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Sat 4 Feb 2006 5:38 AM ET
MUNICH, Feb 4 (Reuters) - Chancellor Angela Merkel likened hardline Iranian President Mahmoud Ahmadinejad to Adolf Hitler on Saturday, saying the world must act now to stop him before his country developed a nuclear bomb.

"We want, we must prevent Iran from developing its nuclear programme further," Merkel told top policymakers from around the world in a speech to the annual Munich security conference.

Referring to the rise of Hitler in the 1930s, Merkel added: "Now we see that there were times when we could have acted differently. For that reason Germany is obliged ... to make clear (to Iran) what is permissible and what isn't."

Europe and the United States suspect Iran of planning to build nuclear weapons. Tehran says its nuclear programme is purely for civilian energy purposes.

The United Nations nuclear watchdog, the Vienna-based International Atomic Energy Agency (IAEA), is expected to vote to report Iran to the U.N. Security Council later on Saturday over suspicions it is seeking atomic bombs.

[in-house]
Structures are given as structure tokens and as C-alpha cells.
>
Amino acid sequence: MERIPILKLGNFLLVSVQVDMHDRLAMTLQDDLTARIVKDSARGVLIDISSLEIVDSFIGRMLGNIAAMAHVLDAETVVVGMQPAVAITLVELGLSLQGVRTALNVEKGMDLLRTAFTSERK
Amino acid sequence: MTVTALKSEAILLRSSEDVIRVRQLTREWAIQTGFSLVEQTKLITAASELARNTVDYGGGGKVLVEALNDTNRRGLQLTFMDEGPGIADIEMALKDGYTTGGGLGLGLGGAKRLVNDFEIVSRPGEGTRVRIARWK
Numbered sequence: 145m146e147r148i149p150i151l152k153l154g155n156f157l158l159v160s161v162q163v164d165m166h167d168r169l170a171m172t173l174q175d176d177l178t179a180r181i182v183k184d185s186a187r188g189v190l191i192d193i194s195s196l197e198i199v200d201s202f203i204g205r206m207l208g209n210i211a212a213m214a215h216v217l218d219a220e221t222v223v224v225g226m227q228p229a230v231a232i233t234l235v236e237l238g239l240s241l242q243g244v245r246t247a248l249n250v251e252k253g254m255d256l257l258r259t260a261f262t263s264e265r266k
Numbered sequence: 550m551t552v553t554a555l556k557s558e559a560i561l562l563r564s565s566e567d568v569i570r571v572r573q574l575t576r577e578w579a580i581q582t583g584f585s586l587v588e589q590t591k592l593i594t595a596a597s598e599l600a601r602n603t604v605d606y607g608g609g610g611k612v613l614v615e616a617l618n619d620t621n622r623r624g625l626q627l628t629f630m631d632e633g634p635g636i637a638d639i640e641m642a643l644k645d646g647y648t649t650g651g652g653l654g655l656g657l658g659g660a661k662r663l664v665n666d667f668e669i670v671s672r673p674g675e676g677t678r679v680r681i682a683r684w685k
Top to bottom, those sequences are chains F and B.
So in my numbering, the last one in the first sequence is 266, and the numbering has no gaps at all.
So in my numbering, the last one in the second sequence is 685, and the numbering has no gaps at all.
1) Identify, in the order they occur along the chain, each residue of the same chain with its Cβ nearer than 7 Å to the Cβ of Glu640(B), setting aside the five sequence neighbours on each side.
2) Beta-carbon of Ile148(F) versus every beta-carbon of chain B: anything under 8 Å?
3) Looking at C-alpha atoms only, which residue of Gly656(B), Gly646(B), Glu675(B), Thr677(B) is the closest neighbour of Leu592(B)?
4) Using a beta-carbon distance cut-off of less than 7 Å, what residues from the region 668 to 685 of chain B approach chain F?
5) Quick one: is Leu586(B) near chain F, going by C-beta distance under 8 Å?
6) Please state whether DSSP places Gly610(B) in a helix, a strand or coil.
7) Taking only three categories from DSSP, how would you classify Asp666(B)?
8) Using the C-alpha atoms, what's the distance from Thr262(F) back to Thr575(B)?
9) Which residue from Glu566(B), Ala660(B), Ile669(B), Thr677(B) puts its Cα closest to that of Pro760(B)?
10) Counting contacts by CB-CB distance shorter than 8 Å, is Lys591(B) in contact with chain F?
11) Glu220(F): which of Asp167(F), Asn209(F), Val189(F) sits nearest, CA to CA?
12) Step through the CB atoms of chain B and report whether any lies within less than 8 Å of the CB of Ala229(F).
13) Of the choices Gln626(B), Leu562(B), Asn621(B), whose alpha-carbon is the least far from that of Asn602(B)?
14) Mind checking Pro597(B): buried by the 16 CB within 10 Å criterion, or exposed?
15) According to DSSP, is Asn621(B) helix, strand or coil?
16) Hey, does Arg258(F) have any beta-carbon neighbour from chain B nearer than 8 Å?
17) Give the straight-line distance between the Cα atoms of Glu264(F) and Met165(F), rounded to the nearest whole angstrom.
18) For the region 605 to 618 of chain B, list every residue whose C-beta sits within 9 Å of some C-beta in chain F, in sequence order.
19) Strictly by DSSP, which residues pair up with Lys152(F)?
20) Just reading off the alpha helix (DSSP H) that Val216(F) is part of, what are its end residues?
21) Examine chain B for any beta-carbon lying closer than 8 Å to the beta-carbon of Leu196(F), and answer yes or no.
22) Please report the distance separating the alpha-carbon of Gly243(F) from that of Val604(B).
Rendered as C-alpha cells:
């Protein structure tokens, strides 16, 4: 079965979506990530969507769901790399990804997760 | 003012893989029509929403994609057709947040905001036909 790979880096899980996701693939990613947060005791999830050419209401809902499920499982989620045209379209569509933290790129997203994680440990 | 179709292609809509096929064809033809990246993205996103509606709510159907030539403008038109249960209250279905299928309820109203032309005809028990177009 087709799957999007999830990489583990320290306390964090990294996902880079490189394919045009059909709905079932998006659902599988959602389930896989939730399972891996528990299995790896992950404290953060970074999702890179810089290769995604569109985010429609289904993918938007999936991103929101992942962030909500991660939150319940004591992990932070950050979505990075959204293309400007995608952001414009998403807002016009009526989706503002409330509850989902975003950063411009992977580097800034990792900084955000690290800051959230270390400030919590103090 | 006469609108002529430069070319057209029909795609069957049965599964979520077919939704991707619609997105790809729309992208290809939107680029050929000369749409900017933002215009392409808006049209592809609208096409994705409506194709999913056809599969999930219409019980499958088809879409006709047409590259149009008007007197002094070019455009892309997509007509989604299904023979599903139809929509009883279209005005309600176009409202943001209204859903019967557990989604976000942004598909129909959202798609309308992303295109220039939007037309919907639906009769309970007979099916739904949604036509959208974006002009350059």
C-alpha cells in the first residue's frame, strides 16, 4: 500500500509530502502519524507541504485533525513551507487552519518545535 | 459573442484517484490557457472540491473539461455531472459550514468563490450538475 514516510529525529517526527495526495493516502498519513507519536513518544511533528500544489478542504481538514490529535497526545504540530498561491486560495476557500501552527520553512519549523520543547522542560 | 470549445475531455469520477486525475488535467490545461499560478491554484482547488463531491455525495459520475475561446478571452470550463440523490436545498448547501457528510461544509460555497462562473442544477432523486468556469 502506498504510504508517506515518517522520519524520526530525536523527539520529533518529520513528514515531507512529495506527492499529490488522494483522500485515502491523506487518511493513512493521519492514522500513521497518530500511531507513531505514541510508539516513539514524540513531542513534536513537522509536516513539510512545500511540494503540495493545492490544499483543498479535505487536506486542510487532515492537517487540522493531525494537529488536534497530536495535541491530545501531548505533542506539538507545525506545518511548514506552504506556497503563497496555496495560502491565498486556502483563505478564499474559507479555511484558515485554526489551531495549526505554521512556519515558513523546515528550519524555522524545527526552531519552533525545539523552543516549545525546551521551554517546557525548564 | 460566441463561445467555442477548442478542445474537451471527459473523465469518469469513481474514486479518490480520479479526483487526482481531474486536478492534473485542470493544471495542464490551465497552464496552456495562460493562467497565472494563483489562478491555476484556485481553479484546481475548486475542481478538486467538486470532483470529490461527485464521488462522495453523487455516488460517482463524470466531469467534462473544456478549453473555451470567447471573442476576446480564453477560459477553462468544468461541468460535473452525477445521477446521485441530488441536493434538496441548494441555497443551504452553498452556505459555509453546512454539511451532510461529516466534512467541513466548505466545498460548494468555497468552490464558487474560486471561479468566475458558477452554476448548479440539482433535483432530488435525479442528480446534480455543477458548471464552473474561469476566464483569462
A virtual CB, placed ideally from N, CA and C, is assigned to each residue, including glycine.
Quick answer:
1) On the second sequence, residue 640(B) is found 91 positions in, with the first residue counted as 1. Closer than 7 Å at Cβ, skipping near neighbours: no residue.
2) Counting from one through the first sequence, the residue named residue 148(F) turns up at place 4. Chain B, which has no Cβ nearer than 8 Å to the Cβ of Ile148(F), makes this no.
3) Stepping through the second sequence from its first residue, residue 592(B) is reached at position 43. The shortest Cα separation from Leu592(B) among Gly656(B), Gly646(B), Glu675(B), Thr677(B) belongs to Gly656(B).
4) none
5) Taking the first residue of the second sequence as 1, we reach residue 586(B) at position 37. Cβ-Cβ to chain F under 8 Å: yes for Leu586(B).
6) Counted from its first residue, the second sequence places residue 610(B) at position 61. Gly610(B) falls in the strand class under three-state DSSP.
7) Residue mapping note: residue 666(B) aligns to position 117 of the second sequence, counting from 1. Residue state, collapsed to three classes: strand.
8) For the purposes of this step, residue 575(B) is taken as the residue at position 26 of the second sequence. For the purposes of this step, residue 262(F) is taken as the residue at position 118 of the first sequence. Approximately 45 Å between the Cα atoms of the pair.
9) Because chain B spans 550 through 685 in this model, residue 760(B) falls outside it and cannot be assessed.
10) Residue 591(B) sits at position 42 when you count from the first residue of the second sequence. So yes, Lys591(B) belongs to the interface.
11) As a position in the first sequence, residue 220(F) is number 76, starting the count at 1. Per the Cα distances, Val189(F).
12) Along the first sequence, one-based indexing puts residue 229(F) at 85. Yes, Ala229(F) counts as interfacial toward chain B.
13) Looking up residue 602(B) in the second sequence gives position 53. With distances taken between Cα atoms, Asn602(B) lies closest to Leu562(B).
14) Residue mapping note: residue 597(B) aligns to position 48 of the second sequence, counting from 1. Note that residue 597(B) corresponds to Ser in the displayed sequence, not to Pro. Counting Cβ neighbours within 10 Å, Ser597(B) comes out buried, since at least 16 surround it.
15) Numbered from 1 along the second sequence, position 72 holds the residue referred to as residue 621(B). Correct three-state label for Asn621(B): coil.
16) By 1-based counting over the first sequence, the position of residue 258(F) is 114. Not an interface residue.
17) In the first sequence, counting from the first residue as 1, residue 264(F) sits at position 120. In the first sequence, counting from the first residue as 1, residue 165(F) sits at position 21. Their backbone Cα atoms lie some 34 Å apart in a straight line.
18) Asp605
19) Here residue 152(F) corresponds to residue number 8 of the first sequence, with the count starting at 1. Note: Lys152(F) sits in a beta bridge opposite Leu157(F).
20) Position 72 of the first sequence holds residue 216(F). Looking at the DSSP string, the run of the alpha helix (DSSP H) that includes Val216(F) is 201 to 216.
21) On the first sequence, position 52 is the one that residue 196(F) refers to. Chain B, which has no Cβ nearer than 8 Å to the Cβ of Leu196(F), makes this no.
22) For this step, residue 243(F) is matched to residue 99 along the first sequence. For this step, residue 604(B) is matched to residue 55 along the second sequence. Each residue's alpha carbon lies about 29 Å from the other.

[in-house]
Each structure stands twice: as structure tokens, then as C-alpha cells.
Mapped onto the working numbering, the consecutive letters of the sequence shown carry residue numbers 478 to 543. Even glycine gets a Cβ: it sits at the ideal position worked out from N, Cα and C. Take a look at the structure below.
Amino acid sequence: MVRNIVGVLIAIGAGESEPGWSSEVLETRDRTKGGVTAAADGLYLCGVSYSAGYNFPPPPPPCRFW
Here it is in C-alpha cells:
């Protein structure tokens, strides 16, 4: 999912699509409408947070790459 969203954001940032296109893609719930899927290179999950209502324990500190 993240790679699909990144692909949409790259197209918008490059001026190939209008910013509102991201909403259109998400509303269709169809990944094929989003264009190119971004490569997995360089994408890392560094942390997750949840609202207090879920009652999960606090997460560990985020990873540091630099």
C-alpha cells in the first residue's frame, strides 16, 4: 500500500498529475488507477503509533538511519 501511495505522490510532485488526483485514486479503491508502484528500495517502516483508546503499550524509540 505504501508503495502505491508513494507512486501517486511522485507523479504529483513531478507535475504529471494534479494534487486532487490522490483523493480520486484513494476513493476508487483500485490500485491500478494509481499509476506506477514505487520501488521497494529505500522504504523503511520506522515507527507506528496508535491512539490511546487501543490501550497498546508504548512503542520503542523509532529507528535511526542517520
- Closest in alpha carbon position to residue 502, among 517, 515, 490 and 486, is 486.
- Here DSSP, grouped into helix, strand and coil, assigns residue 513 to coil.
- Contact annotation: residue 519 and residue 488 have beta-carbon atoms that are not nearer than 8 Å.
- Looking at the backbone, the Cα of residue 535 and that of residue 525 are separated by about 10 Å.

Merkel, speaking to an audience that included U.S. Secretary of Defense Donald Rumsfeld, had particularly harsh words for Ahmadinejad, who has called for Israel to be "wiped off the map".

"Iran has blatantly crossed the red line," Merkel said. "I say it as German chancellor. A president that questions Israel's right to exist, a president that denies the Holocaust, cannot expect to receive any tolerance from Germany."

Merkel said Iran was a threat to Europe as well as Israel. But she also made clear that diplomacy rather than military action was the way to deal with the threat.

"Diplomatic avenues need to be exhausted. We need to keep our nerves, go step by step," she said.

In a question-and-answer session after Merkel's speech, Iranian Deputy Foreign Minister Abbas Araghchi said his country would end snap IAEA inspections of its nuclear facilities and step up its uranium enrichment programme if reported to the U.N. Security Council.

U.S. and EU leaders, aware that Russia, China and developing states on the IAEA board want to avoid a showdown with Iran, the world's No. 4 oil exporter, have said that reporting Tehran will not finish off diplomacy or trigger early sanctions.

Rumsfeld, speaking after Merkel, voiced his support for a diplomatic solution, but said Iran's nuclear programme posed a grave threat.

"The Iranian regime is today the world's leading state sponsor of terrorism," he said. "The world does not want, and must work together to prevent, a nuclear Iran."